As a board member, administrator, or faculty member, perhaps you wonder from time to time whether theological education is worth it all. Why give of your treasure — and so much of your valuable time — for this institution, when there are other worthy endeavors that you could be supporting? And perhaps you have a great answer to that query on the tip of your tongue, because “why theological education” is a perennial question. In fact, Timothy Dwight was thinking about this question when he spoke at the opening ceremonies of Andover Seminary.

Andover, the first graduate-level theological school in America, opened its doors in 1808. Before then, aspiring ministers usually learned through apprenticeship with a local pastor after they finished college. But Dwight, the president of Yale College, believed something more was needed, so he made an argument for formal theological education. His answers are 205 years old, but they can still help us today.

Time to study

Too often, Dwight lamented, ministers began “very imperfectly fitted for their profession,” because they did not have enough money to “pursue their studies through a sufficient length of time.” Andover sought to address this problem by providing the resources necessary for future ministers to devote themselves to study for a time. Many today are not equipped to lead with conviction or thoughtfulness because they have never devoted a season of their lives to intensive study. The days of free seminaries are over, but affordable theological schools provide an invaluable service to future ministers and the communities they will lead.   


The library

One of the greatest strengths of Andover Seminary, Dwight argued, was that it would have a library that was “sufficiently various, and extensive, for the purposes intended.” Broad and deep reading should be one of the main purposes of theological education, he believed. Professors may teach and mentor, but they also force students to read. A good library gives access to vast amounts of knowledge and distilled wisdom otherwise unavailable. That’s why strong theological schools continue to invest resources in books and databases.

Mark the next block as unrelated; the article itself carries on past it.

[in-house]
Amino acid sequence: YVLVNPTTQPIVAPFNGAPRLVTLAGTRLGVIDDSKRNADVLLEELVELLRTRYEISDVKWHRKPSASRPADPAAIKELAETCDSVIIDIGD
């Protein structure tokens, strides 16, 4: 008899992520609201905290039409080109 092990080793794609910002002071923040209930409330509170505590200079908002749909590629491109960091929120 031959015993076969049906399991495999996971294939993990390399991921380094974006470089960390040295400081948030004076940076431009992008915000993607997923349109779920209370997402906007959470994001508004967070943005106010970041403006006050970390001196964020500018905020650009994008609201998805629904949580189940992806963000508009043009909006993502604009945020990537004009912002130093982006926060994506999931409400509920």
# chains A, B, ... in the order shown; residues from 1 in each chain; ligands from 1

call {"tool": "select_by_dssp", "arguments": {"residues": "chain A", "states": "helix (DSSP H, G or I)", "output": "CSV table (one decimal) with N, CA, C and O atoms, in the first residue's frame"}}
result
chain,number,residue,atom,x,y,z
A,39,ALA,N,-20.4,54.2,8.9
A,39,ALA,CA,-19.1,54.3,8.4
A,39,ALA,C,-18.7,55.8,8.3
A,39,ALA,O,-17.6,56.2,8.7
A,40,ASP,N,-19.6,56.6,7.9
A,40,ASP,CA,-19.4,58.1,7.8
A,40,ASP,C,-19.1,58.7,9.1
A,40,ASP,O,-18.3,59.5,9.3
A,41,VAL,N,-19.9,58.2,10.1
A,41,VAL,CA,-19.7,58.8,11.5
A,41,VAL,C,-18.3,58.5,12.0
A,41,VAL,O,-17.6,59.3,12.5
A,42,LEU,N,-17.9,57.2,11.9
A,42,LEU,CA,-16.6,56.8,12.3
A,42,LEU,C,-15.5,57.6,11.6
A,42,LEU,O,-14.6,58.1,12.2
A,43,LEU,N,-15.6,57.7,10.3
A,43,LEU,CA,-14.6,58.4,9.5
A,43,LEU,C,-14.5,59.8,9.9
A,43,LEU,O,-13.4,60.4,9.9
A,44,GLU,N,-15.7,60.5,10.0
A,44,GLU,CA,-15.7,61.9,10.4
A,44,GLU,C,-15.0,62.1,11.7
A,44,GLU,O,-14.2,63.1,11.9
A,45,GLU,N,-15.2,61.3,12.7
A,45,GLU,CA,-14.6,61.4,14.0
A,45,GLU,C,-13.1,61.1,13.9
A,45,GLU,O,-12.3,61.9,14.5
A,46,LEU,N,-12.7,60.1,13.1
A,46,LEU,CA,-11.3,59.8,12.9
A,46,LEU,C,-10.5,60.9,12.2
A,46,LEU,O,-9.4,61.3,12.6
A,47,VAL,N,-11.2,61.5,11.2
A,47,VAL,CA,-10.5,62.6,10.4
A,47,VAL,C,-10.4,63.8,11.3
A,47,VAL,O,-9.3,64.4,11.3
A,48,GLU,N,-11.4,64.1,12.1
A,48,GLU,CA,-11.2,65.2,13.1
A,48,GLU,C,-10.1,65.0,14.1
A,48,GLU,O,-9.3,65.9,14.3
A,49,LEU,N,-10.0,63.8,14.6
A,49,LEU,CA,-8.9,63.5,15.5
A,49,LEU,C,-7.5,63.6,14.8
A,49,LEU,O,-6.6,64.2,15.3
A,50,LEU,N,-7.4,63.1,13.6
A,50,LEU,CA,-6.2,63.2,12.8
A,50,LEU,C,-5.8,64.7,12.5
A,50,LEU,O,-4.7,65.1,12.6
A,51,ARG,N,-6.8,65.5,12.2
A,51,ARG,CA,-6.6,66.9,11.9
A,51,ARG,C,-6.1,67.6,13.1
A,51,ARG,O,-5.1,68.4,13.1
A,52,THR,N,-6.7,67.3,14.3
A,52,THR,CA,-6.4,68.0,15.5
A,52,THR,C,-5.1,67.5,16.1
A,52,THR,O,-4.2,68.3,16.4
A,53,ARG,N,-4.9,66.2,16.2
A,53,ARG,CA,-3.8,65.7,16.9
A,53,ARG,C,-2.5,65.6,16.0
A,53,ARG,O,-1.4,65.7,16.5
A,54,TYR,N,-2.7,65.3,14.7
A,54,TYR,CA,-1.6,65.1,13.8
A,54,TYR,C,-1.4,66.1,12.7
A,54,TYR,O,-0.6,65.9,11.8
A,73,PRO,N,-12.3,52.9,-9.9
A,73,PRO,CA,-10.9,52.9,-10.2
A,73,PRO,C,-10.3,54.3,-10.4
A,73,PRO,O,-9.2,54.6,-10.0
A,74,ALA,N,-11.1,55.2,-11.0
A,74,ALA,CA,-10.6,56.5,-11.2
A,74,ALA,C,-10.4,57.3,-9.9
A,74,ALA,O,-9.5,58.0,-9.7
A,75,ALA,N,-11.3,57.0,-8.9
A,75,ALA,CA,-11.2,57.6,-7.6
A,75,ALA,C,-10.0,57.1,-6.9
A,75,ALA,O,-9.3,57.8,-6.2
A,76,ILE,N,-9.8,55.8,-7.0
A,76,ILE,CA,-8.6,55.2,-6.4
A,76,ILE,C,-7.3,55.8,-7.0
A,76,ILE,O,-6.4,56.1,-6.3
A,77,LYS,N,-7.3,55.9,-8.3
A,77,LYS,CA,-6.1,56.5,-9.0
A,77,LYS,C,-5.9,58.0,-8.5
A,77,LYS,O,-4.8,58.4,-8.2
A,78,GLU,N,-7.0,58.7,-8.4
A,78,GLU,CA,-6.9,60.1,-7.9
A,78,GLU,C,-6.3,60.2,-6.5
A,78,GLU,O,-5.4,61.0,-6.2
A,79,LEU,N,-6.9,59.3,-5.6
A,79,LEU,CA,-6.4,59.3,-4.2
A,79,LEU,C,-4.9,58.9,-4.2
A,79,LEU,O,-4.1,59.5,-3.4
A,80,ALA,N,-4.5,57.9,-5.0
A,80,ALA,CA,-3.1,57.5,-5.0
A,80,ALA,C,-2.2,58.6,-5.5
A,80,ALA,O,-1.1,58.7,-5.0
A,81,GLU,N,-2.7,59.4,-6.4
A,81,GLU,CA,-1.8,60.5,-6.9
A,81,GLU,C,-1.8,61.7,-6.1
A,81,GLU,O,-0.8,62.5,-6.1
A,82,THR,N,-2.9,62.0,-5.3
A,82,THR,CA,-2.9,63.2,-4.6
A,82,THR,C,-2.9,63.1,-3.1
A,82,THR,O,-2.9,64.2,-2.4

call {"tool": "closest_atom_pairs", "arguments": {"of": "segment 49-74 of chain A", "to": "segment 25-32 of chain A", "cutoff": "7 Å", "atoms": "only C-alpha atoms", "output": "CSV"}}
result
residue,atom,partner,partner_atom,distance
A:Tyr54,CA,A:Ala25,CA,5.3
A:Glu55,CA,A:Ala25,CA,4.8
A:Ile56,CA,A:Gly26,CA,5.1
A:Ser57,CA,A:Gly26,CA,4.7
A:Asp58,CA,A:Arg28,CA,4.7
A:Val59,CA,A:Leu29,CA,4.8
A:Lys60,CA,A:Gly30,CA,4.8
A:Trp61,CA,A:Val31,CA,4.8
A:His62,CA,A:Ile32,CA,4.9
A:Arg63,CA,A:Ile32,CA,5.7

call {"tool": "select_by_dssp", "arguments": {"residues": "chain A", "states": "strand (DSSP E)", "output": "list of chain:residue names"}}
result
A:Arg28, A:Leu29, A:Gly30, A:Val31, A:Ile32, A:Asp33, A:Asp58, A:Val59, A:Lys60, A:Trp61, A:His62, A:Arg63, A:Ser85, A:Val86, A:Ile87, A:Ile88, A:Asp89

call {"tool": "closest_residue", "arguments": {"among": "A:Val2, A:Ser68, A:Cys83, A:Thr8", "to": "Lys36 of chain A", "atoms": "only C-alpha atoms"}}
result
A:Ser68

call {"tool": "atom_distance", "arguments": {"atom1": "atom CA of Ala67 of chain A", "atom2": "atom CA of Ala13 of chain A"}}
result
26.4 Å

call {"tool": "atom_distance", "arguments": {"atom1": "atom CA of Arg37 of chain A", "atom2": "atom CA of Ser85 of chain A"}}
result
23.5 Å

The faculty

Mastering any one of the “branches of Theological Learning” is enough to exhaust “the utmost talents of a single man.” Therefore, Dwight observed, it is impossible for a single pastor to adequately educate those he mentors. A theological school, on the other hand, has professors who devote themselves to a level of study and teaching that is not possible for a single minister. Don’t hear Dwight (or me) wrong. Practical training is essential, and theological schools cannot fully meet this need. That’s why local congregations should not outsource pastoral training altogether. But in most cases, it takes both a pastoral mentor and a strong theological faculty to train a fruitful minister.   


The other students

“All ministers ought to be friends,” said Dwight, and in order to develop friendships, they have to know one another. He also said that when “ministers are educated separately and solitarily, this knowledge, in ordinary cases, cannot exist.” Campus-centered theological education strengthens the unity within denominations and between churches by building bonds between ministers. Some forms of online education run the risk of undermining this benefit of theological education. Whatever delivery method is used, theological institutions should continue to prioritize the community-building function of theological education.


The doctrine

In making his case that such a thing as a seminary was needed, Dwight concluded by assuring his hearers, “The doctrines, which will be taught here, are the doctrines of the Reformation.” He went on to explain how Andover would strengthen New England’s churches. Not all seminaries want to pass on the same doctrine as Dwight did. But all would be wise to have a clear sense of what they do believe, and of the faith community they exist to serve.

Mark Rogers is on the pastoral staff of CrossWay Community Church in Bristol, Wisconsin. This article was abridged with permission from a blog post that first appeared at

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